Editor’s Note: The following is City Scrapes, a column of opinion and analysis.
“San Antonio International Airport is flying high,” declared the headline of a press release sent out earlier this year by the City’s Aviation Department. The release brought the announcement of a “record-breaking year” in passenger volumes — an “unprecedented milestone for an airport of its size.” The news here was that San Antonio International had seen more than 10 million passengers in 2018. Aviation Director Russ Handy chalked up the surge in air traffic to “hosting wonderful events like the NCAA Men’s Final Four” as well as the airport’s “great relationship with air carriers.”
The 2018 passenger total amounted to just over 11% growth from the year before. And, for some, including the chair of Mayor Ron Nirenberg’s Airport System Development Committee, it stressed the imperative to expand and improve the airport to keep up with its growth. But a quick look at the numbers behind the press release tell a rather different story.
San Antonio International’s 2018 increase in passenger enplanements — the standard industry metric of passenger activity — did indeed amount to 11.2%, a notable boost from the 4.9% it incurred from 2016 to 2017. But that growth was far from the same for all air carriers serving San Antonio. Southwest, our dominant carrier with some 40% of the total passenger volume, experienced growth from 2017 of just 7.3%. For American Airlines, the annual increase was 9.8%. And for Delta, the passenger growth came to just 2.9%. One carrier really drove the airport’s “record breaking year.” That was Frontier Airlines.
Frontier’s year-over-year increase in passengers amounted to 133% — more than doubling its 2017 performance. Without the Frontier business, the airport’s passenger growth amounted to a more modest 7.8%. And the performance of Frontier, known as an “ultra low-cost carrier,” exemplified the nature of San Antonio’s air-service demand. What Frontier offers are cheap flights: $39 round trips to New Orleans, $107 to Orlando, $127 to Las Vegas. Those aren’t the nonstop flights sought by local business leaders to connect San Antonio to the booming tech centers of the West Coast, or major East Coast urban centers such Boston and Washington, DC. They’re flights designed for leisure customers looking for inexpensive trips, albeit flights with lots of add-on fees and expenses. And on other Frontier routes connecting San Antonio with Cleveland, Omaha, and Tulsa, there’s also the appeal of hauling tourists to the wonders of San Antonio.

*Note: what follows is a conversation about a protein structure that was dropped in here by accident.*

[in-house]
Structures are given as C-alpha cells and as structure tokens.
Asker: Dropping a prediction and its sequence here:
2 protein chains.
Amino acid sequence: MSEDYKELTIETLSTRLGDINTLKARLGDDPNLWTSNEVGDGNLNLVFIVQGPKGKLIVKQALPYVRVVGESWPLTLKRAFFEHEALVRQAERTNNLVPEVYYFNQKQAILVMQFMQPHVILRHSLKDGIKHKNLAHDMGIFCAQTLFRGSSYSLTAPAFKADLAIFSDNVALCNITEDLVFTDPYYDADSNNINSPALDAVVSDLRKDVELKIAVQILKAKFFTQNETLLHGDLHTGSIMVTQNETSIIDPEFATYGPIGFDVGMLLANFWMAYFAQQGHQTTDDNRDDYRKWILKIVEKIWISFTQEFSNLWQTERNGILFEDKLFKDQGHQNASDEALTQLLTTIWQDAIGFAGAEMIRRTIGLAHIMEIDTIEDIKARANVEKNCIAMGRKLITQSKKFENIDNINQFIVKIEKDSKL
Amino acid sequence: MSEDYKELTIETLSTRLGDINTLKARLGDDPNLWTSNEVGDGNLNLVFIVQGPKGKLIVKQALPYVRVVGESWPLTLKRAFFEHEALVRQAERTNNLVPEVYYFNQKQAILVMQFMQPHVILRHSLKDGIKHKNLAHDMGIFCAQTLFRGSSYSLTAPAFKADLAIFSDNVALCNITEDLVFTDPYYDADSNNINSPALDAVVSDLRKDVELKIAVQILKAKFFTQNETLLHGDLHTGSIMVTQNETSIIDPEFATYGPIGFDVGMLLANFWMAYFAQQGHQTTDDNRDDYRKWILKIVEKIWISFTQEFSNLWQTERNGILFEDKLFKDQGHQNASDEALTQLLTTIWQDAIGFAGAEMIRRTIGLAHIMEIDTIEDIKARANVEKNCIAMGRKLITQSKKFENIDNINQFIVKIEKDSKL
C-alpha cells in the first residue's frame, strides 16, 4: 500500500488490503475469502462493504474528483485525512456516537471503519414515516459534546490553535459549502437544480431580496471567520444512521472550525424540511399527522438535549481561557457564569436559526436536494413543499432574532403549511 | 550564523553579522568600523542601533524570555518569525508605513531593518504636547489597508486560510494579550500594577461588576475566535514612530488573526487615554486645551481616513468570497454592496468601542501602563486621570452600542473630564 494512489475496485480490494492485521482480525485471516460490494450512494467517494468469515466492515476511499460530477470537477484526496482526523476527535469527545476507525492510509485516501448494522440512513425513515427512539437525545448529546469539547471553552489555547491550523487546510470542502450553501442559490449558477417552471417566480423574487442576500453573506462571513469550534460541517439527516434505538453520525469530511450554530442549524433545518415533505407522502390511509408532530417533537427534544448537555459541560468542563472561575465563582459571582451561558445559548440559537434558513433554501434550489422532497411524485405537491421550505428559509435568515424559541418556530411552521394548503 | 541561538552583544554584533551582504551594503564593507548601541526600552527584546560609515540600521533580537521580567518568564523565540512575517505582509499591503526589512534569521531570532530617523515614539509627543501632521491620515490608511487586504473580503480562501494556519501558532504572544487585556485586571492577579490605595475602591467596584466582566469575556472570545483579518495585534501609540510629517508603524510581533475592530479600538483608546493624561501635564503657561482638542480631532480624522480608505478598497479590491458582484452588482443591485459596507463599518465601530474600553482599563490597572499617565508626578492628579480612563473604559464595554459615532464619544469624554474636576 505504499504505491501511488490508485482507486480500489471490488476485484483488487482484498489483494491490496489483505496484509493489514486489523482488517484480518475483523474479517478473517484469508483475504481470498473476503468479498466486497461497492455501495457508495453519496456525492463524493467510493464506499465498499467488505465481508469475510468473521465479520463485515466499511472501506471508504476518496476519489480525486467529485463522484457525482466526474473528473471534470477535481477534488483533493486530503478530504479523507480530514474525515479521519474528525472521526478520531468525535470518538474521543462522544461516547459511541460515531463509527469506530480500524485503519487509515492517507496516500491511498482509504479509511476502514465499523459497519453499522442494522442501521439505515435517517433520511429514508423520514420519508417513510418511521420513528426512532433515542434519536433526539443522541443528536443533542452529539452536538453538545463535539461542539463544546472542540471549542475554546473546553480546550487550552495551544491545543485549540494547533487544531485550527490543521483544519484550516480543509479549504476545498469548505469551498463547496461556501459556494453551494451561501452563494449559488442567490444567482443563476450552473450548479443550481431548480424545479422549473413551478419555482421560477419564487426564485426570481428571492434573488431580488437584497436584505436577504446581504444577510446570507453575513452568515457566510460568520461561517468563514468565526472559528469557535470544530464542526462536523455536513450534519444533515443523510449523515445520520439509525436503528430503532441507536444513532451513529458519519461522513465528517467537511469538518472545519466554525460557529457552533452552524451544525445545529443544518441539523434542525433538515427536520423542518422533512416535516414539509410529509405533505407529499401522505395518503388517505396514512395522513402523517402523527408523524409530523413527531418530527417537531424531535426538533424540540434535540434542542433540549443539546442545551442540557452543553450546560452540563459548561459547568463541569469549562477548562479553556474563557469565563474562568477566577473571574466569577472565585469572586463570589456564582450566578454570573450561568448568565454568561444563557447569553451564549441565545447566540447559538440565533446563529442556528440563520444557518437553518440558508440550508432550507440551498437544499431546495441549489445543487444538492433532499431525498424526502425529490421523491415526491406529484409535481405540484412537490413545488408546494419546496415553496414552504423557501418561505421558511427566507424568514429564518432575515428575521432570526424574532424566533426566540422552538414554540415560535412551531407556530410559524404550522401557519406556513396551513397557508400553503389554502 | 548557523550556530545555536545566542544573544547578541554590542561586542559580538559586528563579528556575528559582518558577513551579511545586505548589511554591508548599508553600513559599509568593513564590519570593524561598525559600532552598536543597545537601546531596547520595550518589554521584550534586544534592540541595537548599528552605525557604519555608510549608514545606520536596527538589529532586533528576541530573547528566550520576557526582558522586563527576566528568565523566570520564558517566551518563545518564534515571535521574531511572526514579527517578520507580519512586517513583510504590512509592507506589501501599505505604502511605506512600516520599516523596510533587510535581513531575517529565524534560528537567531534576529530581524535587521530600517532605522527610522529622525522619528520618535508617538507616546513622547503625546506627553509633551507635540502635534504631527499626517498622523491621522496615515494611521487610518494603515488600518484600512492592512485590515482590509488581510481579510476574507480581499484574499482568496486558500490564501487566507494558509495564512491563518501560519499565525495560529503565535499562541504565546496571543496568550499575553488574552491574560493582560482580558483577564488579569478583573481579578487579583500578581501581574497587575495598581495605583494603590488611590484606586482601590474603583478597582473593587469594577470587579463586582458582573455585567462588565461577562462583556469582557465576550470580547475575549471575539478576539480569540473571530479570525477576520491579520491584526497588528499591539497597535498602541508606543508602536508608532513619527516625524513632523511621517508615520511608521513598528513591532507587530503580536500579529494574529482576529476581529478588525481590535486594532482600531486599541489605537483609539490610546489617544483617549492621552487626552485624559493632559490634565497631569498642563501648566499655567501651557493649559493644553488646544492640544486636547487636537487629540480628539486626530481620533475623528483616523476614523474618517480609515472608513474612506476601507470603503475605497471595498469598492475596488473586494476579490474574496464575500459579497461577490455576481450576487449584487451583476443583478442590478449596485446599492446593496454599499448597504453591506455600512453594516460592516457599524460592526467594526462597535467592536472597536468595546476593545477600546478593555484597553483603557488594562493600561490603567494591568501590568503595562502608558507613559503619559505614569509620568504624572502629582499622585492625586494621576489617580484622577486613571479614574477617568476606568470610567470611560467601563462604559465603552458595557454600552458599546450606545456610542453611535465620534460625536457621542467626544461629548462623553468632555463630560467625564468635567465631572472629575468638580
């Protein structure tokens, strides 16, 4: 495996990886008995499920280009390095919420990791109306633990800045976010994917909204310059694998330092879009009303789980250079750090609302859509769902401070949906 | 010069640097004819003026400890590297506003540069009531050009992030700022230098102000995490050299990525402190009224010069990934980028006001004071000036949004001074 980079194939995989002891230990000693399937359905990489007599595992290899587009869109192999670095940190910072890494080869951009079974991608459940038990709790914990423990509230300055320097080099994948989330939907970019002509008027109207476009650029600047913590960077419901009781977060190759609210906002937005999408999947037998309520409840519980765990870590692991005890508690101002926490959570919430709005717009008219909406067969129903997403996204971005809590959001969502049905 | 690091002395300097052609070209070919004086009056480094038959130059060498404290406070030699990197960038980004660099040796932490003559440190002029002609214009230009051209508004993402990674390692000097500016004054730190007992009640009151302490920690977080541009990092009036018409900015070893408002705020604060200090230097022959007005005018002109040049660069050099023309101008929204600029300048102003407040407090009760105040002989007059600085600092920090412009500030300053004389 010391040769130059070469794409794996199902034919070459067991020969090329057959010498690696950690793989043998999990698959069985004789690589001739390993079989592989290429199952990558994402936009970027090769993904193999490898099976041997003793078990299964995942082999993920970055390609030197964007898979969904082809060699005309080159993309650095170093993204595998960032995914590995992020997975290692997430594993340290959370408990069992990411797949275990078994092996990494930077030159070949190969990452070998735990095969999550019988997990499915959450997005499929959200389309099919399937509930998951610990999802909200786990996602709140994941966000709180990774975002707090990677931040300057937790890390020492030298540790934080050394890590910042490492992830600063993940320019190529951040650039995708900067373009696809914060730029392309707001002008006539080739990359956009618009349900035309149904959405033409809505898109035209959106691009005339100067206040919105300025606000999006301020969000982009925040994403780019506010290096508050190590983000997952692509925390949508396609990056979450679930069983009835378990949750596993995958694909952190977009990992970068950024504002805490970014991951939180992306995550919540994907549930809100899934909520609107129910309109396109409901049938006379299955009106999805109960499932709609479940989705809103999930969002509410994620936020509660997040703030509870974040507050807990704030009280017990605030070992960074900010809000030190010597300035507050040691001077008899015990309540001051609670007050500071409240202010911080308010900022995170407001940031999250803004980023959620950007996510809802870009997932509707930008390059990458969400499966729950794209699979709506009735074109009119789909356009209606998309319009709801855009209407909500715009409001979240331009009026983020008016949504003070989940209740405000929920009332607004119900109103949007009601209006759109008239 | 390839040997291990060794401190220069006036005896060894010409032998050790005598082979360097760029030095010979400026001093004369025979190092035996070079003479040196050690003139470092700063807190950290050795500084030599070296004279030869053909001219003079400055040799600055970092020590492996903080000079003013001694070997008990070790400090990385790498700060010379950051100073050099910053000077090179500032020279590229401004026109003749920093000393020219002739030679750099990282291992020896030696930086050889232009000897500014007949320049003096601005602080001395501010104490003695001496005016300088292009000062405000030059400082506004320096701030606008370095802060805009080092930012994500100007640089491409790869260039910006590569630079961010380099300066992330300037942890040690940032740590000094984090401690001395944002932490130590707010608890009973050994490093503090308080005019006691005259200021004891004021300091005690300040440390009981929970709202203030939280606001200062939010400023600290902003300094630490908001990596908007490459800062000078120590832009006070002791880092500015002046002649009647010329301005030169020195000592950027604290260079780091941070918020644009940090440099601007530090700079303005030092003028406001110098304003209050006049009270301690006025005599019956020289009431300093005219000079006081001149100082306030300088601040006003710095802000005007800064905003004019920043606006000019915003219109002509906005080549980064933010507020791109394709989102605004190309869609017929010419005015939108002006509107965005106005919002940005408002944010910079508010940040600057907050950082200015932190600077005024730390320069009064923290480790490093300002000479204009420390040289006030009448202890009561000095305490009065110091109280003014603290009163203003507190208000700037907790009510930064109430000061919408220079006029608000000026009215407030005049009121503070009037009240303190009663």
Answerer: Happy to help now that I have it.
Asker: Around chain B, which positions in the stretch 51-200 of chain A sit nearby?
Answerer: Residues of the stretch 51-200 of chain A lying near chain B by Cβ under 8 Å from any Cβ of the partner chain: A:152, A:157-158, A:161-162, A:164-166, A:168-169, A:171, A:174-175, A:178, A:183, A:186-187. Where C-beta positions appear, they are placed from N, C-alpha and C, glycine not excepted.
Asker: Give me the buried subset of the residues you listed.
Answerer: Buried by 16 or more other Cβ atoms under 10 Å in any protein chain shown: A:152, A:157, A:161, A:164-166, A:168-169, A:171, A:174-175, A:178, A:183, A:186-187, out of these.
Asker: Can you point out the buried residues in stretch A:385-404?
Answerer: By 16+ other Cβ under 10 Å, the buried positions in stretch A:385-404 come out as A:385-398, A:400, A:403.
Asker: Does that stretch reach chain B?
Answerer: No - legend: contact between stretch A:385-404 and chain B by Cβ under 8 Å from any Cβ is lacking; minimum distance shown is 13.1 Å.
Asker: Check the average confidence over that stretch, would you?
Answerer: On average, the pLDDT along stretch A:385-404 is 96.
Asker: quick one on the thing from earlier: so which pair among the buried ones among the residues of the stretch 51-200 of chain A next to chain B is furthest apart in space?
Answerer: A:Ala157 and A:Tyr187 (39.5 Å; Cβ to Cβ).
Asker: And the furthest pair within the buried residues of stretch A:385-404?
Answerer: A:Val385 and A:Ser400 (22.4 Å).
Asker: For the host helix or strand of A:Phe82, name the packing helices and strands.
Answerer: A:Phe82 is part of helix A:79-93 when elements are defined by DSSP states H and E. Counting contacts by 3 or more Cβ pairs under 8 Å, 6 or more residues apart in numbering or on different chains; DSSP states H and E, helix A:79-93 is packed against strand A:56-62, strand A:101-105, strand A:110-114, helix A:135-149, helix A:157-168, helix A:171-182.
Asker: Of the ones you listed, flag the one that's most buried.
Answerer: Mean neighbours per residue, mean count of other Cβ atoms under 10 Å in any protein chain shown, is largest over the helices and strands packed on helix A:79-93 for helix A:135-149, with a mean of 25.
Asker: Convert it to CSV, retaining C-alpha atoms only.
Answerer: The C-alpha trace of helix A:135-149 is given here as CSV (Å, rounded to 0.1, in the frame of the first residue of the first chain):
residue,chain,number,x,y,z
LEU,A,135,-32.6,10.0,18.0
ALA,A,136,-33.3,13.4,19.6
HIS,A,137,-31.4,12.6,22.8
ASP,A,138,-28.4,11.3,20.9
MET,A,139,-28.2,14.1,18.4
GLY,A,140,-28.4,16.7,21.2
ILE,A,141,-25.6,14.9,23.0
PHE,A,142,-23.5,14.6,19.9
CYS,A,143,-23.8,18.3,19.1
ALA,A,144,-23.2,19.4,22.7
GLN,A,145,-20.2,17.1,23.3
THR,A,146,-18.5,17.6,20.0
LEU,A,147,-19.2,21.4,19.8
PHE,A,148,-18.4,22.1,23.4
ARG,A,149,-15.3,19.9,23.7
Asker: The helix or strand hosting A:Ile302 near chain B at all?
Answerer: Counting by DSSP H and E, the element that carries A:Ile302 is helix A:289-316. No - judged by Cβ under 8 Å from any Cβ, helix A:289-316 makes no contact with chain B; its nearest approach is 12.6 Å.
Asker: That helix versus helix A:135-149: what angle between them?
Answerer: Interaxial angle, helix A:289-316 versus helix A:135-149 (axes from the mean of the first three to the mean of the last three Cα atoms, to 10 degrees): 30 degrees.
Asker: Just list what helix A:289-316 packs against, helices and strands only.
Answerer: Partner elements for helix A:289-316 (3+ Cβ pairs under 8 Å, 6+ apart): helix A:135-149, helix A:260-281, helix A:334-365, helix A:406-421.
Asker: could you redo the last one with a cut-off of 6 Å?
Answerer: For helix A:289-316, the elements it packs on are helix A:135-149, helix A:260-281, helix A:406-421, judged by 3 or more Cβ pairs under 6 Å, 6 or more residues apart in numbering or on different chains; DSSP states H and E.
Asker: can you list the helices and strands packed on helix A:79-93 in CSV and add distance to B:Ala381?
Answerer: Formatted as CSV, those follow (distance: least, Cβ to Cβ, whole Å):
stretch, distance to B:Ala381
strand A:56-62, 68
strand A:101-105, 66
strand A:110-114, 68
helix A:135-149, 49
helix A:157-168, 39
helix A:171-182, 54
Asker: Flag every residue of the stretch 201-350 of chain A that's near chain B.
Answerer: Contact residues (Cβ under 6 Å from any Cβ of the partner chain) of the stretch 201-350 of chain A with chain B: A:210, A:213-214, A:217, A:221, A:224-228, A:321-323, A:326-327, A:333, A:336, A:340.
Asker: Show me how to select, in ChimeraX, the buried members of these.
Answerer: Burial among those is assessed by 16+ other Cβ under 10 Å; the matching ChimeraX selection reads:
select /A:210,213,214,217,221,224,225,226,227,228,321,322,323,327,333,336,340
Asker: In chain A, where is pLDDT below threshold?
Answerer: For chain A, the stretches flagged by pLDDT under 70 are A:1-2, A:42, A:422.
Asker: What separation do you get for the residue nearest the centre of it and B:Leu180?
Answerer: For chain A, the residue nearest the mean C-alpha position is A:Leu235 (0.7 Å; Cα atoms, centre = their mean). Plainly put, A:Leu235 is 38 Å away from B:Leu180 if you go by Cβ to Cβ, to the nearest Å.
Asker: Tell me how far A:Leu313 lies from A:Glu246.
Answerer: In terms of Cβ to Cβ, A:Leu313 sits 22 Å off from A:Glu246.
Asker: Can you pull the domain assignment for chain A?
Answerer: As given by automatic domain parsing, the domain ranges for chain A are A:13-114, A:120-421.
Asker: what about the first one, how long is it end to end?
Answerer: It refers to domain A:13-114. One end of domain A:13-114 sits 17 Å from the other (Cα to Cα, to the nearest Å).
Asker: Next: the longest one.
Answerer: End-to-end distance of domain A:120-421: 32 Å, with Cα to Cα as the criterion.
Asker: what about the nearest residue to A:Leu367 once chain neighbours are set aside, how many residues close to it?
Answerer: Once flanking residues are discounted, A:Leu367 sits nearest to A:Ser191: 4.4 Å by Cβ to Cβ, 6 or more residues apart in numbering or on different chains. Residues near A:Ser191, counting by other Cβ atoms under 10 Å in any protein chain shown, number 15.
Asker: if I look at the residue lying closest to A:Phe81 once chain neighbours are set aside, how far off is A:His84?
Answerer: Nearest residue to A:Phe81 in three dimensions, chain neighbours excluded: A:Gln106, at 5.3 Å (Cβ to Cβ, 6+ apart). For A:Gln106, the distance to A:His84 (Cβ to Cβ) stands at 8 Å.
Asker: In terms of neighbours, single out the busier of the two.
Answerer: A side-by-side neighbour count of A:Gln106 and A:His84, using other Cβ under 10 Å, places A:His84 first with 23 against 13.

But Frontier didn’t come to San Antonio simply because it assessed our community as a prime market opportunity. It came in large part because the city offered a host of incentives under the local Air Service Incentive Program. Frontier was eligible for landing fee waivers, terminal rental waivers and up to $200,000 in direct marketing dollars. In describing the program, the Aviation Department compared our incentive program to those in Austin, San Jose, Raleigh/Durham and Orange County, and argued that San Antonio International “has more aggressive incentives than most airports on marketing, building rentals and airfield fee waivers.”
Aggressive as it may be, San Antonio’s incentive deals have had a very different result from those in other cities. In her 2016 article in the Journal of the American Planning Association, “Incentivize It and They Will Come?”, University of Pennsylvania Professor Megan Ryerson compared San Antonio’s incentive efforts with those of Austin.
“Austin was able to use their [incentives] to connect to high-value, highly sought-after destinations, including a nonstop British Airways flight to London’s Heathrow Airport,” she noted. “Austin now offers incentives for routes to Amsterdam (Netherlands), Frankfurt (Germany), London, Paris (France), and Tokyo.”
Then there was our community: “The new San Antonio routes, in contrast, were on low-cost airlines to Guadalajara and Mexico City (Mexico), likely to facilitate tourism but not instigate local business development.”
Then there’s the larger problem with subsidies. They may persuade an air carrier to enter the San Antonio market or add a nonstop flight. But if the demand isn’t there, the service will stop, the airline shifting its resources to a better, more profitable market. Air Canada said in February it would end nonstop service from San Antonio to Toronto. Frontier announced that it would drop 16 nonstop flights. The subsidies were obviously not “aggressive” enough to change the market reality here. It’s a problem the city has encountered with a whole host of other subsidy deals. They might come, but will they stay?
And as for “flying high” with our 11% increase in business last year? Austin’s growth in passenger volume from 2017 came to 13.6% — flying just a bit higher.
Heywood Sanders is a professor of public policy at the University of Texas at San Antonio.
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